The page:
Burke H0lland

@burkeholland

Here’s To Fat Fingers

I was watching this VS Code release highlights video from Brian Clark this morning, and he shows a very interesting feature at about 1:16…

When I saw this, I IMMEDIATELY thought of a tweet from Raymond Camden that I know I’ve seen on more than one occasion.

And I’m pretty sure this is not the first time he’s tweeted this. Let me check…

Yep. Clearly Raymond is predisposed to transpose. But we all know the struggle is real; Raymond is just the only person out here running a campaign to get a “Fat Fingers” standard added to the ECMAScript specification.

“Well, I don’t have fat figners.”

Yes you do! You just misspelled “FINGER”!

So all of our fingers are obese (metaphorically speaking), and I’m skeptical that TC39 is going to do anything to help us out here because they are too busy implementing things like Control Abstraction Operators — whatever the heck that is.

VS Code has apparently heard Raymond’s cry and while they can’t change JavaScript itself, typing “Funciton” is now valid for “Function” in VS Code’s intellisense.

HOW IS THIS WORKING?!

While I’m not privy to the exact code which does this (even if I was, my puny bald head would likely explode), here is what I can see with my eyeballs when I trigger the intellisense in VS Code.

Intellisense is pretty good at doing a forward lookup on whatever term you are typing. In the case of “function”, as long as the letters you are typing are in the same sequential order they are in the word, VS Code will match the word you are looking for. For instance, if we typed every other character in “function” (fnto), it would match like this…

And this search works skipping any amount of letters while going forward in the word.

This makes logical sense, but doesn’t address the problem of transposing characters.

Transposing is when you have the right characters, but their places have been switched by mistake. This happens a LOT when typing. This would be the error of typing “funciton” (t ⟲ i) or “fucntion” (n ⟲ c). This is not because the brain tries to spell the word that way, but because we’re typing so fast that mistakes just happen, probably because the fingers can’t move as fast as the brain.

It looks to me that to account for this issue, VS Code will now look backwards in the string for a matching character. The characters do not have to be right next to each other. In this example, VS Code matches the “c” in “function” even though I completely skipped it and typed an “o” and then included the “c” later.

But it looks like this only works once. In other words, VS Code will do a backwards search, but once it has a match it won’t do any more backwards searches but will continue to search forward.

For instance, you can type “ftuo” and get a match because the “u” come before the “t” and the “o” comes last.

But if you add a “c” here, intellisense will not do a second backwards search and so the word is not recognized.

Also note that any futher forward searches will occur after the last match. Simply put, VS Code intellisense now supports one transposition error within your string.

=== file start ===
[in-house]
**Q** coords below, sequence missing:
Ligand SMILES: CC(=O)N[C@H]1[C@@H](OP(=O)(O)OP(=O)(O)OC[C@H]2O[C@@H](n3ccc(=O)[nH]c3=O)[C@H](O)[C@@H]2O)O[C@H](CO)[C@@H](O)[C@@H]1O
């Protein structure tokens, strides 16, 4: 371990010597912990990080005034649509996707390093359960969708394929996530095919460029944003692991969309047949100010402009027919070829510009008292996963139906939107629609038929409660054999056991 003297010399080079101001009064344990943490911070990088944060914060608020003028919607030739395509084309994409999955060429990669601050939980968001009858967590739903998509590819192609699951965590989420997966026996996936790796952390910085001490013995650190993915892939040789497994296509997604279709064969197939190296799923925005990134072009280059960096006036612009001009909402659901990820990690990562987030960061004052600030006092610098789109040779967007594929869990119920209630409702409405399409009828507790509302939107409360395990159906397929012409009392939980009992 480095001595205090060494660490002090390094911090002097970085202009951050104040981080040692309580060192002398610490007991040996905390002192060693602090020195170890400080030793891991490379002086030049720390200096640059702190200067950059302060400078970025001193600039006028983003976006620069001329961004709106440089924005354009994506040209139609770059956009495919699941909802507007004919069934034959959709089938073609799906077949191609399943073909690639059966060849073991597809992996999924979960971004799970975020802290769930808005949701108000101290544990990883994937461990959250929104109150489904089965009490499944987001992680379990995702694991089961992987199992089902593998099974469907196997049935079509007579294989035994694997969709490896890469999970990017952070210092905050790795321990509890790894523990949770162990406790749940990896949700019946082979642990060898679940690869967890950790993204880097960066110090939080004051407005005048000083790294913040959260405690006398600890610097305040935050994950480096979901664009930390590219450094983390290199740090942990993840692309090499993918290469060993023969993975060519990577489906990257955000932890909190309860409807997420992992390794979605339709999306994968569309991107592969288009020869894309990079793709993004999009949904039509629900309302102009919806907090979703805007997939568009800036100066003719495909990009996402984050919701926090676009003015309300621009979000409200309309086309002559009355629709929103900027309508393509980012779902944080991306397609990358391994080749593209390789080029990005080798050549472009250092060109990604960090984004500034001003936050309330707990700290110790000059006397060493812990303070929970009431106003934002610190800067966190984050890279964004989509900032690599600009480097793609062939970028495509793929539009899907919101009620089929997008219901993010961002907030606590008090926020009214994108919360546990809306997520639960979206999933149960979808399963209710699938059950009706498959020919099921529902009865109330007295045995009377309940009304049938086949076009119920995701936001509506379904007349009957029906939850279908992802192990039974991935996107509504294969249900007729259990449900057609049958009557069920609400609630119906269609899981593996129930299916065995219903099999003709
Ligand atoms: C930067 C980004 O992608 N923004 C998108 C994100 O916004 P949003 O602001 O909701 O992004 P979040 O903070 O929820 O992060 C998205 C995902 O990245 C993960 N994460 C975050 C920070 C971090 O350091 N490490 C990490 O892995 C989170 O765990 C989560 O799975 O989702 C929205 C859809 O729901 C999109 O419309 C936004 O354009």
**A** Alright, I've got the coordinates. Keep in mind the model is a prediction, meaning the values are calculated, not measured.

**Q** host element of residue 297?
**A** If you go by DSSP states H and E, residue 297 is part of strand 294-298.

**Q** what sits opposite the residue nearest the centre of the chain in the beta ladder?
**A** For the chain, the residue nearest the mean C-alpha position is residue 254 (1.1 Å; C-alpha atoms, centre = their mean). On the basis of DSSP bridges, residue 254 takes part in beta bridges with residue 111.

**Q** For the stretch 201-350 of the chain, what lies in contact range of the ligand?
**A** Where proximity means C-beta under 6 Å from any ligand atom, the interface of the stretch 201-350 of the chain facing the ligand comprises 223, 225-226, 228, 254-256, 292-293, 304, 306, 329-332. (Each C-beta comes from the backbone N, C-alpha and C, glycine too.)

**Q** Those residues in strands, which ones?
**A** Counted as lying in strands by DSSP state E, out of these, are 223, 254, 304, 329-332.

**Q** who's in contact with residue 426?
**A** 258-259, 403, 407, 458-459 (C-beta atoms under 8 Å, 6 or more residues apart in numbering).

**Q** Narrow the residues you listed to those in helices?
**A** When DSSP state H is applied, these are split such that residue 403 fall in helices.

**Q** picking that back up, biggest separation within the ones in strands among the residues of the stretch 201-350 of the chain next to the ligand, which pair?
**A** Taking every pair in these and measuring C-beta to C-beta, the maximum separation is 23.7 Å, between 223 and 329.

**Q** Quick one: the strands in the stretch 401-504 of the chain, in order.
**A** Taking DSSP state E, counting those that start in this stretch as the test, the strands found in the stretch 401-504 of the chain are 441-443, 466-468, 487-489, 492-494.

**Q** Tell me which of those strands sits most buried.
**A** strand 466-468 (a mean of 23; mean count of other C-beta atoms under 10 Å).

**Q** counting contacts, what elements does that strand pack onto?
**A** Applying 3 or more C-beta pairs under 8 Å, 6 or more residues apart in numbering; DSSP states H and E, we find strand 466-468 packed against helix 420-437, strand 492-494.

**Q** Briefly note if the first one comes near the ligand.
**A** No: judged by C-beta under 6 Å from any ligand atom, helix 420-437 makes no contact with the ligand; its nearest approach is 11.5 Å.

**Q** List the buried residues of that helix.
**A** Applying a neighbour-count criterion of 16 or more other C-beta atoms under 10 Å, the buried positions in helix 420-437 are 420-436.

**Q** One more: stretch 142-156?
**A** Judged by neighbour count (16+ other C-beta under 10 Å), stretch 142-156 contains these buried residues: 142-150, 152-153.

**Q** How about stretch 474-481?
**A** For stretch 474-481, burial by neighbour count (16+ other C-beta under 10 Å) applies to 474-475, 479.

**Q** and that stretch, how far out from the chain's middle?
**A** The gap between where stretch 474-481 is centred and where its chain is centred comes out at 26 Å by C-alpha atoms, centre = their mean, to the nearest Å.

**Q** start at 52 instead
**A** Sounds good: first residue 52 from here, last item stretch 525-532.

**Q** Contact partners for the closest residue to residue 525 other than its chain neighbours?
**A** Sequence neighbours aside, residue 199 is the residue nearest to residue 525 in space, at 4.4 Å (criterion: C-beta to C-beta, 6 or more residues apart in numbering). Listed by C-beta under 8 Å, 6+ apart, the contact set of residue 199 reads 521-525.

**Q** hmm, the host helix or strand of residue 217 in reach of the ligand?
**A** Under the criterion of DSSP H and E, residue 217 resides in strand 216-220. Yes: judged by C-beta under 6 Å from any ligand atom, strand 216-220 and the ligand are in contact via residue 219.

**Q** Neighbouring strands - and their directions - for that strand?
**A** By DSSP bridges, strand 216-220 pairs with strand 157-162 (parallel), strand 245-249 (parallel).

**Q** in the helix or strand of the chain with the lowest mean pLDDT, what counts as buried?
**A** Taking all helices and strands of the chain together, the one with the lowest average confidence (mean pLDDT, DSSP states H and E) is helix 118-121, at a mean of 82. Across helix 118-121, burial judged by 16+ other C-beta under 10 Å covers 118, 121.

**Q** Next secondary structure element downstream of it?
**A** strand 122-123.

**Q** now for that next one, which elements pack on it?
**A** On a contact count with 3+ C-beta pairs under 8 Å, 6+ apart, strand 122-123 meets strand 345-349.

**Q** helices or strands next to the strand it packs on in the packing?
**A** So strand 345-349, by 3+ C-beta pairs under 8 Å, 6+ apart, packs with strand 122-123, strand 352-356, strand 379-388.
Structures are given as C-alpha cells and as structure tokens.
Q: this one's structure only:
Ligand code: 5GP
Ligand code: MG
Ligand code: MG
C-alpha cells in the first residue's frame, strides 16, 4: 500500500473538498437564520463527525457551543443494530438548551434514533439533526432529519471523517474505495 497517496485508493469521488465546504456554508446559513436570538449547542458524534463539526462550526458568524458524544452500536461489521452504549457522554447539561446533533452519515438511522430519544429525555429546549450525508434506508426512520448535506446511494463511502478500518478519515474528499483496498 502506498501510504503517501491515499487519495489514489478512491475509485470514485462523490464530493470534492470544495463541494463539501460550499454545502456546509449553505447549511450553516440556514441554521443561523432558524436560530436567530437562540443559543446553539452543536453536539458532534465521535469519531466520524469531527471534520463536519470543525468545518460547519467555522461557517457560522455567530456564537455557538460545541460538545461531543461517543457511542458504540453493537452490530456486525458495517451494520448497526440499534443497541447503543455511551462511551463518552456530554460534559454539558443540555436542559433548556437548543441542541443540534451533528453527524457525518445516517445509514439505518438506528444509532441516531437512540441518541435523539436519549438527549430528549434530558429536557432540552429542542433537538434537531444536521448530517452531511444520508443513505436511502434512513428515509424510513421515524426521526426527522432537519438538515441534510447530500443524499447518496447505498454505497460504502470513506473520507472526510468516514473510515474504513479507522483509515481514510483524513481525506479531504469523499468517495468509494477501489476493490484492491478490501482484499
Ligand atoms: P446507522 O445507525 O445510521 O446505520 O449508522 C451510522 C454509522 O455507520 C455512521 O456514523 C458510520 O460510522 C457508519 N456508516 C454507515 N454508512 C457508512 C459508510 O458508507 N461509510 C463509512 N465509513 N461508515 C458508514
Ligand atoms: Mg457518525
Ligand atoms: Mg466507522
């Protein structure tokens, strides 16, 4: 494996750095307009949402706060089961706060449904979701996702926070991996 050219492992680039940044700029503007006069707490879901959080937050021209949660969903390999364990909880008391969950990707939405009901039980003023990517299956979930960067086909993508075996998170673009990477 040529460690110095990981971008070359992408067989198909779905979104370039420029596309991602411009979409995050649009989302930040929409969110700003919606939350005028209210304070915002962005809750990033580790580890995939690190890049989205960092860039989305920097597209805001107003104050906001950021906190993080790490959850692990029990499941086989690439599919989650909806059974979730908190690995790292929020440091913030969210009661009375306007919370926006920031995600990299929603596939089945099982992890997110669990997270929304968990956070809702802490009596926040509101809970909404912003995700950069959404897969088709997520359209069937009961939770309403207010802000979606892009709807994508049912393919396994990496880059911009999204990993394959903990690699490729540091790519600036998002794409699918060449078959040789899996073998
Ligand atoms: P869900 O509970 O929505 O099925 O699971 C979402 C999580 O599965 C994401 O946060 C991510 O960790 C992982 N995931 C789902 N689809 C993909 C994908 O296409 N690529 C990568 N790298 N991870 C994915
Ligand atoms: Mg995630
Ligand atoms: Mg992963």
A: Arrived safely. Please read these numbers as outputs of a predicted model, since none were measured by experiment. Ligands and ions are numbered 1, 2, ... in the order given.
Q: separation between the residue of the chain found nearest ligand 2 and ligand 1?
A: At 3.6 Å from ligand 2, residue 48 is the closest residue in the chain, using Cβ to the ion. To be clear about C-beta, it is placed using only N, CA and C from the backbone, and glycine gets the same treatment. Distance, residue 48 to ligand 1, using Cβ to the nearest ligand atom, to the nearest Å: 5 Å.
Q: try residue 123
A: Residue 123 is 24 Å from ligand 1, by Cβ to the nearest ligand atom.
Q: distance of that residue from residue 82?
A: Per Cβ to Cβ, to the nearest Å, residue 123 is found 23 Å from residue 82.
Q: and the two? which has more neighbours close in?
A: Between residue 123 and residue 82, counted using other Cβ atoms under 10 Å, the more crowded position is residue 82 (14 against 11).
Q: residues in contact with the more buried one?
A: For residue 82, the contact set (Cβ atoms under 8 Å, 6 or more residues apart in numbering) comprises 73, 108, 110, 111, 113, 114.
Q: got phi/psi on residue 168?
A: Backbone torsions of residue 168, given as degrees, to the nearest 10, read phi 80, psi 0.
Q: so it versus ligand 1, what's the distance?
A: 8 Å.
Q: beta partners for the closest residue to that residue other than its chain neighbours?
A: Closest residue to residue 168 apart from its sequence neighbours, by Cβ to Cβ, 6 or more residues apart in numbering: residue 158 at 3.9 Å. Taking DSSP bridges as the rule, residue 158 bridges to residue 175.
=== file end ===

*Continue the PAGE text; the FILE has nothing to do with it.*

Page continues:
So to sum all of that up, as long as your word starts with the right character, and you only have one letter that is out of sequential order, VS Code will give you a match.

Also, typing “potatoe” triggers a match for webkitConvertPointFromPageToNode.

Update:

Since publishing this article, the VS Code team was nice enough to shed some light on how this is actually working…

The logic is pretty simple: We have an algorithm that computes a score given a pattern and a word (see fuzzyScore). That itself doesn’t do any permutations nor backwards matching but checks that all pattern-characters occur in the word in order (and it picks the best of those occurrences, e.g. bk with ^blac^k_^knight vs ^black_^knight). Given that algorithm we can simply tweak the pattern and call it multiple times, either when no match was found or to see if a stronger match can be computed (aggressive).
Johannes Rieken — VS Code Team

So it’s a lot smarter than I made it out to be as the algorithm is essentially creating a bunch of possible transposition errors (7 to be exact — if the word is at least that long) and then scoring any of the matches against each other to determine the best result.

You can go ahead and check out the source code that does this yourself since VS Code is open-source and all.

Here’s To You

This one is for you Raymodn, and all of the rest of whose brains are too big and fingers too fat. You never gave up, never lost hope and finally your day is here. I mean it’s not really here because this isn’t exactly what you were asking for but as my wife told me last year when I sang “Happy Birthday” to her on the wrong day, “CLOSE ENOUGH!”

Check out all of the new features in the November release of VS Code.

Satire Dislcaimer: This article is a clinic in poor writing. I do not think that you have fat fingers either literally or metaphorically. Any mispellings are intentional because it’s ironic in this context. I literally can’t do anything wrong here.

Special thanks to Johannes Rieken on the VS Code team

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